There is need for more studies about the efficacy, proper dosages and concentrations to be used if these herbal medicines were to be effectively used in treatment of pregnancy related ailments. Thus this research thus documented the medicinal plants used by pregnant women in Kyeizooba Sub County and to identified the phytochemical content in the nutri-medicinal plants which are commonly used by pregnant women and this could be a basis for programmed health education.


Research design

A cross sectional study was conducted in Kyeizooba Sub county, Igara East constituency, Bushenyi District where 135 women participated in the study. Both qualitative and quantitative methods of data collection were used with both structured and unstructured questions.

Participants were elderly women and the traditional birth attendants who were presumed to be knowledgeable about the medicinal plants used. Purposive and snow ball sampling was used to select respondents in the area. Information about nutri-medicinal plants used, plant parts used, methods of preparation and administration of the herbal medicines were mentioned by the respondents who were mainly the pregnant women.

Medicinal plants were collected, identified and documented by the researcher. Chemical analysis of selected herbs was done and the effects of the phytochemicals present were studied using the available literature. The study was conducted between September 2016 and March 2017.

Data collection methods and instruments

In depth interviews were used for data collection about medicinal plants used, plant parts used and the method of preparation.

Field visits were also carried out to identify the local names of the medicinal plants. They were asked to mention the type of herbs administered during pregnancy, the ailments the herbs were treating, how they were administered, methods of preparation and conservation status.

Collection of medicinal plants and treatment

The herbs mentioned were collected and identified during the field visits. Plant samples were collected just before noon and before the flowering stage since the nutrient concentration was considered maximum in this period.

The samples were collected from plants just before the flowering stage. The family names and scientific names were determined by use of a herbarium and the International Plant Names Index [19].

The women were asked about the uses of each of the herbs that were mentioned.

The herbs that had many uses as determined by calculating their fidelity levels and informant consensus factor [4], were selected for chemical analysis. Experimental investigation was done at Mbarara University pharmaceutical laboratory where the phytochemistry of the selected herbs was analyzed. The selected herbs were collected and dried under roof at room temperature, ground to obtain powder and extracted by hot maceration method.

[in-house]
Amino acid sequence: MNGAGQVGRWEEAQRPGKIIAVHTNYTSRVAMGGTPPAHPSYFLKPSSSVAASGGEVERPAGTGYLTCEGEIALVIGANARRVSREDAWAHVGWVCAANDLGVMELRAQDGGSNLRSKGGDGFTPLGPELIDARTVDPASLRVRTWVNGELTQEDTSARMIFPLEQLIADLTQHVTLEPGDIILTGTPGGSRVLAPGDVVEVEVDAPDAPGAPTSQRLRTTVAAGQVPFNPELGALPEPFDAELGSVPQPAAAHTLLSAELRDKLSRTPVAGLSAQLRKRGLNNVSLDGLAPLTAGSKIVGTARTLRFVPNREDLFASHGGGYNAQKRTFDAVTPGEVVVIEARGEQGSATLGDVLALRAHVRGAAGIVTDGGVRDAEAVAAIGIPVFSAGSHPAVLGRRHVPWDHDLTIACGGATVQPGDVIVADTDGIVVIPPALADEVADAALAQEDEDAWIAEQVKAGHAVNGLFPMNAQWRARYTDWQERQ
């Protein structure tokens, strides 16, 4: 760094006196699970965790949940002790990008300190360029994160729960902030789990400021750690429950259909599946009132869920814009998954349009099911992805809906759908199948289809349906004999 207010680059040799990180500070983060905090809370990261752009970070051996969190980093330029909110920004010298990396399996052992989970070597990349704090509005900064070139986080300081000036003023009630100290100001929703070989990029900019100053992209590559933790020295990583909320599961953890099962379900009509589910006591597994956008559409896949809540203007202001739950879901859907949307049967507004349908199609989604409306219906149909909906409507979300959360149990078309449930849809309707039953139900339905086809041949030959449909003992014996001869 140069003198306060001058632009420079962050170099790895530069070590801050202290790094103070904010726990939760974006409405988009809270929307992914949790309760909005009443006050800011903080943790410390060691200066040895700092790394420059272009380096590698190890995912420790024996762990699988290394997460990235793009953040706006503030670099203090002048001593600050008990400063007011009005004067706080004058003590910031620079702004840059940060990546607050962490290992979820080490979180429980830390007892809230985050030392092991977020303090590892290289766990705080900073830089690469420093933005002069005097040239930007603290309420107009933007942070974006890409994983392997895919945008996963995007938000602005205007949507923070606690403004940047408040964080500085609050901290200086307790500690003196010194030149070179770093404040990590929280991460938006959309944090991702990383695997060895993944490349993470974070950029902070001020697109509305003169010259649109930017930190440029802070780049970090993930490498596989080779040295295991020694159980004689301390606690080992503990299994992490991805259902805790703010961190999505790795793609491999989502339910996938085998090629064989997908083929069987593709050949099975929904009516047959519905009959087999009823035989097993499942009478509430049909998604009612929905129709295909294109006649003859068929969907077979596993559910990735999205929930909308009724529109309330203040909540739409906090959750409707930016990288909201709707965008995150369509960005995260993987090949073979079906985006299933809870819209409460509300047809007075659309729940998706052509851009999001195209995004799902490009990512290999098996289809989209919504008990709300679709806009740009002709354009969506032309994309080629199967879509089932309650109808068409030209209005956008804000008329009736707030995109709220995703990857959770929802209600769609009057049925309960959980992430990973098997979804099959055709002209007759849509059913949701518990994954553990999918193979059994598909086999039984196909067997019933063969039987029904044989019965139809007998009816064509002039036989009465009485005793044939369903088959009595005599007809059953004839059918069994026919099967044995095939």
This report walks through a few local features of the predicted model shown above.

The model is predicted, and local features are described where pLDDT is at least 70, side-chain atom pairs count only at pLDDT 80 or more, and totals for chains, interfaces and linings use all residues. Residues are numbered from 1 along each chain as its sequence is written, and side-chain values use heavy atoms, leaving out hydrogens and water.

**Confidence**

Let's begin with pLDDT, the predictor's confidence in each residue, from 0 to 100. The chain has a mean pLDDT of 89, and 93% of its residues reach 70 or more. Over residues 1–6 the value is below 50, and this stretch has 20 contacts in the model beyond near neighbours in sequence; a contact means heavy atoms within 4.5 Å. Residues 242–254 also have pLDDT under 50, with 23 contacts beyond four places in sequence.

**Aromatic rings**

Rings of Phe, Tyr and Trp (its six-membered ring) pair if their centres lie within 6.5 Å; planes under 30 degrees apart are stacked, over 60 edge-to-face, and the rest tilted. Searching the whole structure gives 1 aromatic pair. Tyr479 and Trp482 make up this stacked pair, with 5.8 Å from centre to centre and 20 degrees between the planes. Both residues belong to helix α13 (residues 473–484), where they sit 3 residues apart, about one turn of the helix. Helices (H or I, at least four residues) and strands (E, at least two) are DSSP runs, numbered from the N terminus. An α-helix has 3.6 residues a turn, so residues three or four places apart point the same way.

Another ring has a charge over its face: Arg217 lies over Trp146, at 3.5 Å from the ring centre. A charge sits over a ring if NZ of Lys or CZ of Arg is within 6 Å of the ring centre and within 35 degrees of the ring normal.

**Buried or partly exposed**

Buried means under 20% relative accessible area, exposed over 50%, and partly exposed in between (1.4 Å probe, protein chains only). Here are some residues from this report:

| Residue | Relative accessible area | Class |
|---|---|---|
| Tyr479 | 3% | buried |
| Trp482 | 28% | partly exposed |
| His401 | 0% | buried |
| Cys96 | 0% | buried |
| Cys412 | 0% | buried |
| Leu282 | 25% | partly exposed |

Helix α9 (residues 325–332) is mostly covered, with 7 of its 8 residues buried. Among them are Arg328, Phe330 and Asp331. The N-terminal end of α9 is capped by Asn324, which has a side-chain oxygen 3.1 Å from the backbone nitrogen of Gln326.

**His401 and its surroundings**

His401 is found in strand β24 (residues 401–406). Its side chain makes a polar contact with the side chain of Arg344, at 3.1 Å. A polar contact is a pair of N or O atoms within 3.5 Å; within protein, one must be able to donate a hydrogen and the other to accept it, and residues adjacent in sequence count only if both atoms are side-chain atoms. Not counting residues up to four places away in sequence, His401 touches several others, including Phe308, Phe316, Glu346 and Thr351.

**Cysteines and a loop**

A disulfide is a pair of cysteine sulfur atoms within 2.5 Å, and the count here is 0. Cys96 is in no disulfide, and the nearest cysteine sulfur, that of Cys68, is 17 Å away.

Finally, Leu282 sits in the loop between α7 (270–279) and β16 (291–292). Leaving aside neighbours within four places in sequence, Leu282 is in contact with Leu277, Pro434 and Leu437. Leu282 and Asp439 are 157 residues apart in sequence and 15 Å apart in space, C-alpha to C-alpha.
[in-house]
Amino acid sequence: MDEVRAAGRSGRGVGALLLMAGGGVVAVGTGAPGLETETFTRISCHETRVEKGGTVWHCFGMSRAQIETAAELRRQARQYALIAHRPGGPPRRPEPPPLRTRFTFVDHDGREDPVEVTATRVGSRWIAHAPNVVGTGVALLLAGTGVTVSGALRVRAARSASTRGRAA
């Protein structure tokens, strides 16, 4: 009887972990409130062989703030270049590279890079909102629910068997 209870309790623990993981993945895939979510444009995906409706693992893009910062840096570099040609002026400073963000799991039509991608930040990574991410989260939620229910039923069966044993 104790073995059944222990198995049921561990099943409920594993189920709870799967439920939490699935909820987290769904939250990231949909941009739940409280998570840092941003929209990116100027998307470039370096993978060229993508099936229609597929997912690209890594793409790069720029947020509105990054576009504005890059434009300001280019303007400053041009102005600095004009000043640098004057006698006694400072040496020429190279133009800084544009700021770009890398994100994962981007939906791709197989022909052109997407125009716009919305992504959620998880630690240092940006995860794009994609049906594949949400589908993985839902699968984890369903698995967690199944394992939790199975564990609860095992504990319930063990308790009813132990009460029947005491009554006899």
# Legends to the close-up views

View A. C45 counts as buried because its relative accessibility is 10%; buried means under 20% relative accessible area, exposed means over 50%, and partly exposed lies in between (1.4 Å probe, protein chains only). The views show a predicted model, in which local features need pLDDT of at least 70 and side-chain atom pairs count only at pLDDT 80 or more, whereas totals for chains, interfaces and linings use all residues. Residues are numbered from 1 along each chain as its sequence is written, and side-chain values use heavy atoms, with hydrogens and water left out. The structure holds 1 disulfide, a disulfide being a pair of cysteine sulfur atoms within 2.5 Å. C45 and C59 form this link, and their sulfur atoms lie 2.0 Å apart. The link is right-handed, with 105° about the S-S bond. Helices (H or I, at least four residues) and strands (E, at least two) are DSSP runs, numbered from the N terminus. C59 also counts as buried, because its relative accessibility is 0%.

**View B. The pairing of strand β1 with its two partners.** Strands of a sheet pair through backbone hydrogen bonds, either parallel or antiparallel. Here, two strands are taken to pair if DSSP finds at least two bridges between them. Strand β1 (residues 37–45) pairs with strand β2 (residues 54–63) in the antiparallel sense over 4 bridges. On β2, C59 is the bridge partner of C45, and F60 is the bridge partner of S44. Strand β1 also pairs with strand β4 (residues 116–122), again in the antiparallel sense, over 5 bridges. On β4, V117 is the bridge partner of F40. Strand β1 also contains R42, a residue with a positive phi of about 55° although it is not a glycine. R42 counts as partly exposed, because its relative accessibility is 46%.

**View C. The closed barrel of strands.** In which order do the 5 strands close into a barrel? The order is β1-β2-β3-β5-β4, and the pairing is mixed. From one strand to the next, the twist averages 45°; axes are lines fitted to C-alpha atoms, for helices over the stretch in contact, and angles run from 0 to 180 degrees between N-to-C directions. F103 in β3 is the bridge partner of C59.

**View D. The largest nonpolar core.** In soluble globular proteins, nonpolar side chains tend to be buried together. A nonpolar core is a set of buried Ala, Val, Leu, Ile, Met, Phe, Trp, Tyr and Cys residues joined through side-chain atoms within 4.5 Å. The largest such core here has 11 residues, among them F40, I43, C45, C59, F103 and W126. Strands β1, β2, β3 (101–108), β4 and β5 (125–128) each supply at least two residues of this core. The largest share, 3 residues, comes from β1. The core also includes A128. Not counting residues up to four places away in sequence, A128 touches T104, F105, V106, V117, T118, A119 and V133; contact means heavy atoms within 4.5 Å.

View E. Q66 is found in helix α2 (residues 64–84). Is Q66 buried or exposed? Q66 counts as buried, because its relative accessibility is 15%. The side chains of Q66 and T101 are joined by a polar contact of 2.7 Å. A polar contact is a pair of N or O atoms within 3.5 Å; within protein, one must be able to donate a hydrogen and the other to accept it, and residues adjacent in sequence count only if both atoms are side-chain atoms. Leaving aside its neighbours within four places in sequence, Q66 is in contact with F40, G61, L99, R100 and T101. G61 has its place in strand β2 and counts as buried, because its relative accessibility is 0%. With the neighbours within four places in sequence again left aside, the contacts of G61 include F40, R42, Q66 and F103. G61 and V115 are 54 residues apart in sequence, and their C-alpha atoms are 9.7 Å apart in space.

The liquid extracts were dried under room temperature to obtain the samples which were used in phytochemical screening. Qualitative chemical tests were done on herbs to identify presence of saponins, alkaloids, flavonoids, tannins, phenols, steroids, and reducing compounds.

Phytochemical screening methods

Saponins: The froth formation test: To 2 cm3 of each extract, 2 cm3 of distilled water were added and the mixture shaken. This test was for identification of the saponins. Froth that lasted for 15 minutes indicated the presence of saponins [20].

Alkaloids: They were tested by using Dragenndorrff’s reagent. To 2 cm3 of each extract, 2-3 cm3 of the reagent was added. Formation of an orange-red precipitate indicated the presence of alkaloids [20,21].

Flavonoids: To 2 cm3 of each extract, equal volume of sodium hydroxide was added. Formation of a yellow precipitate or solution indicated the presence of flavonoids [20].

Tannins and the phenols: To 2 cm3 of each extract, 2 cm3 of 5% Iron III chloride was added. A deep blue or black precipitate indicated presence of tannins and phenols [20].

Steroids: To 2 cm3 of each extract 2 cm3 of acetic anhydride solution was added and then heated in a water bath for about 5 minutes and cooled. A few drops of concentrated sulphuric acid was added. Presence of steroids were indicated by a blue precipitate [20,21].

Reducing sugars: Reducing sugars were tested by addition of 2-3 cm3 of Benedict’s solution to 2 cm3 of the herbal extract and then heated in water [22].

Levels of intensity of the phytochemical were determined by the intensity of the color changes and how fast these colors were forming. The phytochemical components were then studied and compared with the available literature to obtain their health impacts on pregnant women and the fetus

Data analysis and presentation

Most commonly used herbs were obtained by calculating the informant consensus factor (FIC), fidelity levels (FL) and use-value. The category of medicinal plants that presented greater importance were obtained by calculating their informant consensus factor [23,24]… Continue reading: Download a full text PDF file